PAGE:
In a time when trust is low Australians can be reassured by how Government and the media communicated the drama of the Martin Place siege.
The hostage siege in Martin Place ended at around 2:00am this morning with three people tragically killed. As the necessary legal processes take their course it will be sometime before the complete picture of what happened is known. Already some communications issues have emerged.
Authorities respond well
Well done to the national and NSW State authorities from the Prime Minister down for the way they managed communications. Throughout the 16 hour siege they communicated with clarity, confidence and compassion – the hallmarks of effective crisis communications.
Sticking to the facts they released information, calmed nerves and refused to overplay the incident, which would have been easy to do given current events in the Middle East.
Their approach was rewarded in the calm way Sydney-siders and Australians in other places reacted and thoughtfully processed the incident.
Kudos to media
Kudos to the media for their coverage. All TV networks switched to covering the situation live and absent was the endless speculation, second guessing and over-analysing experts who appear on TV in other parts of the world during similar situations.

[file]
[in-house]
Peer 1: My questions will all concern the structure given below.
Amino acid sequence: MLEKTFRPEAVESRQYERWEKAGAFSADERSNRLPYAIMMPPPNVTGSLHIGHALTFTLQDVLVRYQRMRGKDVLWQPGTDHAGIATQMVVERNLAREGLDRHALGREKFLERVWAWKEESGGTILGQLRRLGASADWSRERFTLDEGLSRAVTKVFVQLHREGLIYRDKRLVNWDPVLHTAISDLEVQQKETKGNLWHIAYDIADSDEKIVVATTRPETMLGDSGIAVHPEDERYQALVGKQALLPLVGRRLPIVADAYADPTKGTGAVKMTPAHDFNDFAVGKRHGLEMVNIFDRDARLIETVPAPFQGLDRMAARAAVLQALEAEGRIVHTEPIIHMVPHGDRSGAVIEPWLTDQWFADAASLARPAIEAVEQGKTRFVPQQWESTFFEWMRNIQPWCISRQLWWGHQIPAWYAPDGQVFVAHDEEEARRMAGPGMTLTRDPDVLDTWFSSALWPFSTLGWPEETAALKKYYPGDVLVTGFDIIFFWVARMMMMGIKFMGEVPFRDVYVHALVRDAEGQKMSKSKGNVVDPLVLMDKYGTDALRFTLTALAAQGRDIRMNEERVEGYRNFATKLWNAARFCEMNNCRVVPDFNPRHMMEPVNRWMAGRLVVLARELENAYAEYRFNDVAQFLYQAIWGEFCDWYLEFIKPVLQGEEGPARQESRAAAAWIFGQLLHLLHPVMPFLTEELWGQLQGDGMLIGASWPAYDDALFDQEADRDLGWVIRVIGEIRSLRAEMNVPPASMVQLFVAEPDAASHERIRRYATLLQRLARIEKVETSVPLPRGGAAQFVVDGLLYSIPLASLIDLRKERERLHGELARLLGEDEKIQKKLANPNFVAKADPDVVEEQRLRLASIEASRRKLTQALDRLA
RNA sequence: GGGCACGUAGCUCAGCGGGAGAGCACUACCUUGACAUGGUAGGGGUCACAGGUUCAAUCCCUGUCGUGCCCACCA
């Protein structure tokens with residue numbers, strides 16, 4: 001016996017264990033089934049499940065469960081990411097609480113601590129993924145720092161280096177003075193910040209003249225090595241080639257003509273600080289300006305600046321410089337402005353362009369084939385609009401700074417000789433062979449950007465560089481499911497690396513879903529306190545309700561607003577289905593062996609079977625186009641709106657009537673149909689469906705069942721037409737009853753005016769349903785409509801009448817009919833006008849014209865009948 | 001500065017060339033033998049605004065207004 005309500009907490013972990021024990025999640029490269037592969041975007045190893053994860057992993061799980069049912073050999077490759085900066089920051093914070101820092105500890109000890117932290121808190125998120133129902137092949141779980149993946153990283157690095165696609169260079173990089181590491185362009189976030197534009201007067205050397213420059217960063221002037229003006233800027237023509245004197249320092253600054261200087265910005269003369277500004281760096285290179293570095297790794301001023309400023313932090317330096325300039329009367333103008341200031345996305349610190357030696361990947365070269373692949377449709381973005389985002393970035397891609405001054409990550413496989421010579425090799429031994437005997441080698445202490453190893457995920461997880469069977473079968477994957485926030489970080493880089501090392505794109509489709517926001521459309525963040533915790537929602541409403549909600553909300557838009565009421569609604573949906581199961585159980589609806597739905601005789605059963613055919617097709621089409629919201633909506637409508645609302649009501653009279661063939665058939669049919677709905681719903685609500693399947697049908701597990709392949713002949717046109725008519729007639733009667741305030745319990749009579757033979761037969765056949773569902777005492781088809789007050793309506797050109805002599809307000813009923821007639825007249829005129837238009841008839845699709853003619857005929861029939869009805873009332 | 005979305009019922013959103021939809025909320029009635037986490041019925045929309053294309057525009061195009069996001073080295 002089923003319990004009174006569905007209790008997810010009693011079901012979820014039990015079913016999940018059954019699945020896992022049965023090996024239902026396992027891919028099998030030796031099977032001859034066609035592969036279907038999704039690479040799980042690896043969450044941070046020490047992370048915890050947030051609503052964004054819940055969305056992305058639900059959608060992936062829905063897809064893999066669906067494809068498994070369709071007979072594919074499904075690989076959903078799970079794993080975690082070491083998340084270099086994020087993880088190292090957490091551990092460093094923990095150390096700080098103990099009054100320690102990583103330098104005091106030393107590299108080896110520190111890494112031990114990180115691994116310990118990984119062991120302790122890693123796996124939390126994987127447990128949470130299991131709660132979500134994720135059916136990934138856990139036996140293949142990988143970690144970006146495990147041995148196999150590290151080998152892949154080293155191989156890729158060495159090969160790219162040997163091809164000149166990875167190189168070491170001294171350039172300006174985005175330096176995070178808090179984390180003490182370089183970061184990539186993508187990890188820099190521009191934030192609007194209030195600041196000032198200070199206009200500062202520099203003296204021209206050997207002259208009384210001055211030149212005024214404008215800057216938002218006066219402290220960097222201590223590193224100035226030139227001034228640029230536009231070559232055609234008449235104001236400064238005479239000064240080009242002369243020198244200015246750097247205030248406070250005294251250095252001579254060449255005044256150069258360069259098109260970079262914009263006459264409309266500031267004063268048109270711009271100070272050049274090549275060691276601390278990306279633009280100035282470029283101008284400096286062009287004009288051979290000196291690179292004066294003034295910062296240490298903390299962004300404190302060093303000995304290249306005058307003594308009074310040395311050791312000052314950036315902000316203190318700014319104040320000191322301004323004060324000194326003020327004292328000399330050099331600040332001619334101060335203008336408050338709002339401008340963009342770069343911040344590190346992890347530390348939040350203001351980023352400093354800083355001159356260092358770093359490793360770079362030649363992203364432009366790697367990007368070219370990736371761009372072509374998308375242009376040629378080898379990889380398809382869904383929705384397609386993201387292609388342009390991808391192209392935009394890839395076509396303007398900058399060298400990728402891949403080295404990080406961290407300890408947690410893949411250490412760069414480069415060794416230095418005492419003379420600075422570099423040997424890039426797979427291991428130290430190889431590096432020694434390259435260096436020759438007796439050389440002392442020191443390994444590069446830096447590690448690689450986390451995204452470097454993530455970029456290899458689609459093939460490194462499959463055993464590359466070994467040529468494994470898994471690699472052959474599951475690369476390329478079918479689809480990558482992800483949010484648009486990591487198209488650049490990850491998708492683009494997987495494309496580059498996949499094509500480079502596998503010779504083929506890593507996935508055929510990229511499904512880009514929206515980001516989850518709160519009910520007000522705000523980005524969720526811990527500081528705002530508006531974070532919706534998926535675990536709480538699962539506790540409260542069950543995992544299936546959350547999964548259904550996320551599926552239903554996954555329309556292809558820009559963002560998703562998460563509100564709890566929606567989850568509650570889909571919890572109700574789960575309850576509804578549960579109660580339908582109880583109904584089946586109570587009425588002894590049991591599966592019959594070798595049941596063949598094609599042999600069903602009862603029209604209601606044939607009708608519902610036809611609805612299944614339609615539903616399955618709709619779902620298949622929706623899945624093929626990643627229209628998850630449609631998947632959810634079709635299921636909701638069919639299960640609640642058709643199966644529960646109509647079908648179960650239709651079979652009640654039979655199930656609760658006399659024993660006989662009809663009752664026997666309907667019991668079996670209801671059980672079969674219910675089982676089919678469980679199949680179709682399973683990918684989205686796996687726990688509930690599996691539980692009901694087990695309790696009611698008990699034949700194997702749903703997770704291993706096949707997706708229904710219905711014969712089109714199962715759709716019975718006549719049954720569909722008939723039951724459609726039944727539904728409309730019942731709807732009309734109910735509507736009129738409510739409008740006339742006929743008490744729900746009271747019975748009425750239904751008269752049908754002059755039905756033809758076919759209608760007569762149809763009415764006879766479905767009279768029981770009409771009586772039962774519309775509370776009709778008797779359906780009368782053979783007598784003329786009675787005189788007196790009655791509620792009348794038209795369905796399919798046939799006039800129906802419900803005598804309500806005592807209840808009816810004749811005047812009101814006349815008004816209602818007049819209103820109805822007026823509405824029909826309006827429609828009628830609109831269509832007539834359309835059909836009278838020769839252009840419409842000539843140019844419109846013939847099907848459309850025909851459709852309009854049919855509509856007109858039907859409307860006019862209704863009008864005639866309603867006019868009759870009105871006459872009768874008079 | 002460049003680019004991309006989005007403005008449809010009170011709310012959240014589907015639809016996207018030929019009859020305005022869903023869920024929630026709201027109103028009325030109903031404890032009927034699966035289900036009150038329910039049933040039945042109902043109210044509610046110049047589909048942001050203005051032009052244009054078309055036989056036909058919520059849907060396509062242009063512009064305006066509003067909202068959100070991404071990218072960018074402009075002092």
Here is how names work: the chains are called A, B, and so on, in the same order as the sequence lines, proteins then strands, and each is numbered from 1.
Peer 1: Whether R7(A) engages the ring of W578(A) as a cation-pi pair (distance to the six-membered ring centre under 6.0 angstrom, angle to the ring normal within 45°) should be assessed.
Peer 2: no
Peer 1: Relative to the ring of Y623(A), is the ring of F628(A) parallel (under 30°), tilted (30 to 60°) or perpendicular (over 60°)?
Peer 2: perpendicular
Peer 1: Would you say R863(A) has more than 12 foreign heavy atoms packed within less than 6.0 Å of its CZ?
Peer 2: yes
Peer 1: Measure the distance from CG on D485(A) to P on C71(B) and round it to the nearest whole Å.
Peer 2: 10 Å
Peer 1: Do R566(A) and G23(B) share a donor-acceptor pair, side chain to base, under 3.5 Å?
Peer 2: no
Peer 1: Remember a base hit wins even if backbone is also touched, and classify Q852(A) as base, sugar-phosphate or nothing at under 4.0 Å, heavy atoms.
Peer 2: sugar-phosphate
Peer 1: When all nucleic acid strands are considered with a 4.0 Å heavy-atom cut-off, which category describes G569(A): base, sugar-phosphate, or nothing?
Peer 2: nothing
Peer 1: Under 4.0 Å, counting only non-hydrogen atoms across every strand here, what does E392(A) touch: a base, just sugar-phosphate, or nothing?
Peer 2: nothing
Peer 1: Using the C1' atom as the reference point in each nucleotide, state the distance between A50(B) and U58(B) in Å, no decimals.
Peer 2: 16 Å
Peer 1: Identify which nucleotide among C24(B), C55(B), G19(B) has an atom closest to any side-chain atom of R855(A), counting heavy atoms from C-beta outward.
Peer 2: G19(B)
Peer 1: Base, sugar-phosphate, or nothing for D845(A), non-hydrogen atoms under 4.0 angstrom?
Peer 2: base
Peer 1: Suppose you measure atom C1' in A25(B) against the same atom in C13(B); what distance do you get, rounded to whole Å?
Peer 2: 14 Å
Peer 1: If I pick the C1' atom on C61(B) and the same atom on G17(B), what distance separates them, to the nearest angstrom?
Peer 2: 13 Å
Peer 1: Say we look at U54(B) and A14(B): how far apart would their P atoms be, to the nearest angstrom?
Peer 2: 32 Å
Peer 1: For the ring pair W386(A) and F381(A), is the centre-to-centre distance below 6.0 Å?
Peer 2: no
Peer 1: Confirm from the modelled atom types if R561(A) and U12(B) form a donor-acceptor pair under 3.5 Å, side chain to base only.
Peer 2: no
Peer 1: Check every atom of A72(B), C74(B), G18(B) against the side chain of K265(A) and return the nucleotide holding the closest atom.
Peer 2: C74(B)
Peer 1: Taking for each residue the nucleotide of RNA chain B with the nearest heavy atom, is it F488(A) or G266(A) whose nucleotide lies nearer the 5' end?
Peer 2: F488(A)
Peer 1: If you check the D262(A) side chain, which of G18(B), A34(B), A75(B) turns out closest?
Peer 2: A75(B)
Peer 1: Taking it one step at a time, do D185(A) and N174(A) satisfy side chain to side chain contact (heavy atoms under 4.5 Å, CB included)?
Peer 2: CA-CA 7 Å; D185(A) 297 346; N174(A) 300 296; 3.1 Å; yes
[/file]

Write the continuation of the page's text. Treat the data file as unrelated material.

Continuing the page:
Anchors and reporters, challenged by the need to continually broadcast, by and large relayed only fact, and more importantly refused to broadcast smart phone videos of hostages coerced to relay the gunman’s demands. All responsible journalism.
The media also ran positive community stories connected to the incident – ones that normally don’t make it to our screens. This included the Twitter movement #illridewithyou, the multi-faith prayer vigils in Sydney and Brisbane and the calls for restraint by community and religious leaders. ABC 24 and Channel 7 in particular ran level-headed coverage of events and hopefully this balance by all outlets will continue in coming days.
Fast and wrong
Unfortunately not everyone deserves credit.
Sydney’s Daily Telegraph led with its reporting fast, strong but incredibly wrong. Their initial coverage linked the Martin Place incident to ISIS and declared that it would change Sydney forever. They fell into trap of sacrificing speed and attention-seeking for accuracy and subsequent events proved their claims false.
It is reported the Australian Press Council has received complaints about the Daily Telegraph’s special edition.
In a time when trust is low, I think Australians can be reassured by how Government and the media communicated the drama of the Martin Place siege.